The Monogram kit comes with eight ullage rockets for the S-I-C/S-II interstage ring. This is correct only for the unflown SA-500F and the unmanned Apollo 4 and 6 launches. To model Apollos 8 through 14 accurately, you would need only those parts directly above the first stage fins. Apollos 15, 16, and 17 carried none of these ullage rockets. Unfortunately, there are visible flat areas remaining if these parts are left off.

The Monogram 1/144 kit features an appealing, if inaccurate "launch pad" display base with three tiny figures that give a sense of size to the model. Unfortunately, the base hides the F-1 engines of the first stage.

Airfix 1/144 Saturn V

Sold for a bit more in the US, the Airfix Saturn V could easily be mistaken for the Monogram kit. The chief difference is that Airfix put a bit more effort into detailing and less into operating gimmicks. The Airfix kit shares most of the inaccuracies of the Monogram kit. Most notably the out-of-proportion service module is a hair worse in this kit, and it shares the out-of-date surface detail. The Service Module thrusters are molded as separate pieces and are much better defined. The second stage engines are complete (if not highly detailed). The lunar module shows a bit more detail, although the stages are molded together and the landing legs are fixed. This kit includes four integrally molded ullage rockets for Apollos 8 through 14, but they are positioned incorrectly. As was the case with the Monogram kit, the corrugation quality is poor near the stage half seams. Again the paint scheme is incorrect in my kit (dating to the 1970's) but this is easily fixed. A simple display stand includes a decal commemorating the Moon landing on July 21, 1969, the correct date in Greenwich time!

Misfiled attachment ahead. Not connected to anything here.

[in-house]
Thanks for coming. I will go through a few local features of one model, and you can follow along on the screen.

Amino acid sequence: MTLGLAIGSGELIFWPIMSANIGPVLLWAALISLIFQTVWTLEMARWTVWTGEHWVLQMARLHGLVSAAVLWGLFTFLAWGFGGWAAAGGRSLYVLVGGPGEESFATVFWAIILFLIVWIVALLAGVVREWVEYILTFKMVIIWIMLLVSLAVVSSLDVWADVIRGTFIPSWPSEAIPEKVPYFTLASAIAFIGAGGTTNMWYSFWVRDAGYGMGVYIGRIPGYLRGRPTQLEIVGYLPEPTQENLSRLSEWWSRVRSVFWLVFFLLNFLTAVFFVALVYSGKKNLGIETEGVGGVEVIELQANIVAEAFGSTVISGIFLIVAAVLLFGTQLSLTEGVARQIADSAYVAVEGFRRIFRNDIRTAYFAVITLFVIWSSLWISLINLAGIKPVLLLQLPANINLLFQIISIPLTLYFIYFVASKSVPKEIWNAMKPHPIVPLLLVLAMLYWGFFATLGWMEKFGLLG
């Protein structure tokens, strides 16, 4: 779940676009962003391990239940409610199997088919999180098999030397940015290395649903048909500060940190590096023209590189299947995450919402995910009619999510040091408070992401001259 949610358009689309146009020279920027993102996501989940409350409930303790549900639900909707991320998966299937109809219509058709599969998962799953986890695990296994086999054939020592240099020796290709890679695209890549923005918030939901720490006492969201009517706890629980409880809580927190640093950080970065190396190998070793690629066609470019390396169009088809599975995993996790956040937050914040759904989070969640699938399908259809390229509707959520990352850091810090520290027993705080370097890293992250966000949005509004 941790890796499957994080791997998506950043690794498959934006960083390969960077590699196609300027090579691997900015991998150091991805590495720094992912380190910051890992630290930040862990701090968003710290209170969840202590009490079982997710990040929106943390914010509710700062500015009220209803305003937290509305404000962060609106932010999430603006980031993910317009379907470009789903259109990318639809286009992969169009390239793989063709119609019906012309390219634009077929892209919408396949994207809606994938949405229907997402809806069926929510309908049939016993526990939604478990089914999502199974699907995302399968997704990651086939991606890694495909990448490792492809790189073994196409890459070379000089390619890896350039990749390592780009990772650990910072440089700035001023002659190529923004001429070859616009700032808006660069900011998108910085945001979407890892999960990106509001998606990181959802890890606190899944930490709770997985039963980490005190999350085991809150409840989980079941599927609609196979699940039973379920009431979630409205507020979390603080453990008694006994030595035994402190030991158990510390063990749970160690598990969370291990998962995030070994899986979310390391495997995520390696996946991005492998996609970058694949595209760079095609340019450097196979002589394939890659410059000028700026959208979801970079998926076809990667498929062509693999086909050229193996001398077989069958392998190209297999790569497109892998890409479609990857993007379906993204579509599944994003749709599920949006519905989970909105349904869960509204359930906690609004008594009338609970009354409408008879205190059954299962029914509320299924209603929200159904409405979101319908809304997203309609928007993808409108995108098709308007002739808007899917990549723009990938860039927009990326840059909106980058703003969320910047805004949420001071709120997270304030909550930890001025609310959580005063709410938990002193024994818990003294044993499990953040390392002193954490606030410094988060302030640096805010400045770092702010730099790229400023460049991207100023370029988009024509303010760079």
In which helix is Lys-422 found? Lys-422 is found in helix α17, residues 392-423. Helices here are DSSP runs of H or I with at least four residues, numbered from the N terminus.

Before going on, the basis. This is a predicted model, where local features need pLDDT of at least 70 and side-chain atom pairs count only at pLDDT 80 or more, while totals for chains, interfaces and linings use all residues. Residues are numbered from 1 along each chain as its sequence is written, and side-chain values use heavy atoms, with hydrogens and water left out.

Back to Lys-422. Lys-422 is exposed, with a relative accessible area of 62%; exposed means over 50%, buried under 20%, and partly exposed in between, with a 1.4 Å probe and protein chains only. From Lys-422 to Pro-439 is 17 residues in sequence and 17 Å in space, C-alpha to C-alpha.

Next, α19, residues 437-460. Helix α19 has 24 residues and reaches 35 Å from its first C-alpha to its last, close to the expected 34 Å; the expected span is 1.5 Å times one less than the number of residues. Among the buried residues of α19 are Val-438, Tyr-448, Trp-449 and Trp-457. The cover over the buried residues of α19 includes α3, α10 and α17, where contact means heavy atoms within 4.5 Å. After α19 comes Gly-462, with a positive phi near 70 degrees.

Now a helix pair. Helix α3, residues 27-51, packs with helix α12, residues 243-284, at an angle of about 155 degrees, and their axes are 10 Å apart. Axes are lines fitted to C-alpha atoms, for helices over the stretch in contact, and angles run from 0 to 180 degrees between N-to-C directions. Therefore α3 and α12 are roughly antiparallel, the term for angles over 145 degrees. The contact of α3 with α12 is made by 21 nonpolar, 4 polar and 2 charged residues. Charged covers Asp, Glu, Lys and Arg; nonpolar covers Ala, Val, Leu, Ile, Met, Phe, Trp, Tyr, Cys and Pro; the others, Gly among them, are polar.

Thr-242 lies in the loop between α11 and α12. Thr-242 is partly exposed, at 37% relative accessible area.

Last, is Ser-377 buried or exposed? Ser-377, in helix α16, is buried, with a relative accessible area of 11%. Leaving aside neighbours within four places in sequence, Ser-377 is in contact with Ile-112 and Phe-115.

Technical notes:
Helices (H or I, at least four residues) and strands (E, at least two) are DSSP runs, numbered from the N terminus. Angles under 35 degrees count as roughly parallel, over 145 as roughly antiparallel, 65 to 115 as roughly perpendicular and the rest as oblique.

Revell-Germany 1/96 Saturn V

This is the largest, most detailed, and most expensive Saturn V kit sold. The Revell kit is over 45" tall and will dominate any model display. Going for nearly $100 in Europe, imported kits may sell for as much as $130 in the US. These comments are based on the History-Makers edition of the kit released around 1980 and the instructions from the original 1969 release. The most striking feature of this huge kit is the technique for building rocket stages without seams or excessive weight. The smooth tank portions of the model are made from flat printed styrene sheets rolled into tubes by the modeler. The corrugated sections are injection molded. The corrugations are uniform all the way around the model. Aside from spacecraft decals, the only markings provided with this kit are on the pre-printed tanks, which must be left unpainted. The result is a color mismatch between the white of the tanks and the white of the corrugations. There are no fin letters, or even quadrant numbers on the first stage fuel tank. The original kit recommended the SA-500F paint scheme.

This time, the service module is of the correct diameter, but it still features Block 1 surface engraving. At 1/96 scale, this engraving is too conspicuous to ignore. I scraped all detail from my service module, and applied thin striping tape to simulate the radiator lines in the correct positions. The kit also lacks the Boost Protective Cover over the command module. I adapted a spare command module piece (at the time, I had several 1/96 command-service module kits around) to act as the cover, and glued the escape tower to this part.

The Lunar Module shroud features a clear plastic window, making the Lunar Module visible. I painted this over in my kit. You may wish to add to clear windows to each interstage to show off the engine details. Engine details are a high point of this kit, with four parts per engine, plus additional structural parts for the outboard engines.

Unfortunately, many of the exterior details are not dealt with so well. The kit provides 8 ullage rockets, placed incorrectly. Correcting this will not be easy, as there are large locator tabs on the interstage ring filling space between corrugations. The outside of the S-II stage is poorly detailed. Among other errors, the five hydrogen line fairings around the base of the S-II stage are spaced incorrectly and are of the wrong shape.

This model is fragile and awkward to disassemble. Be sure to set aside a display space for the kit before you attack it. I store mine in the special "carrying case" box, and find I have to repair it most times I take it out. The assembled display stand cannot be stored in the box, making temporary display precarious.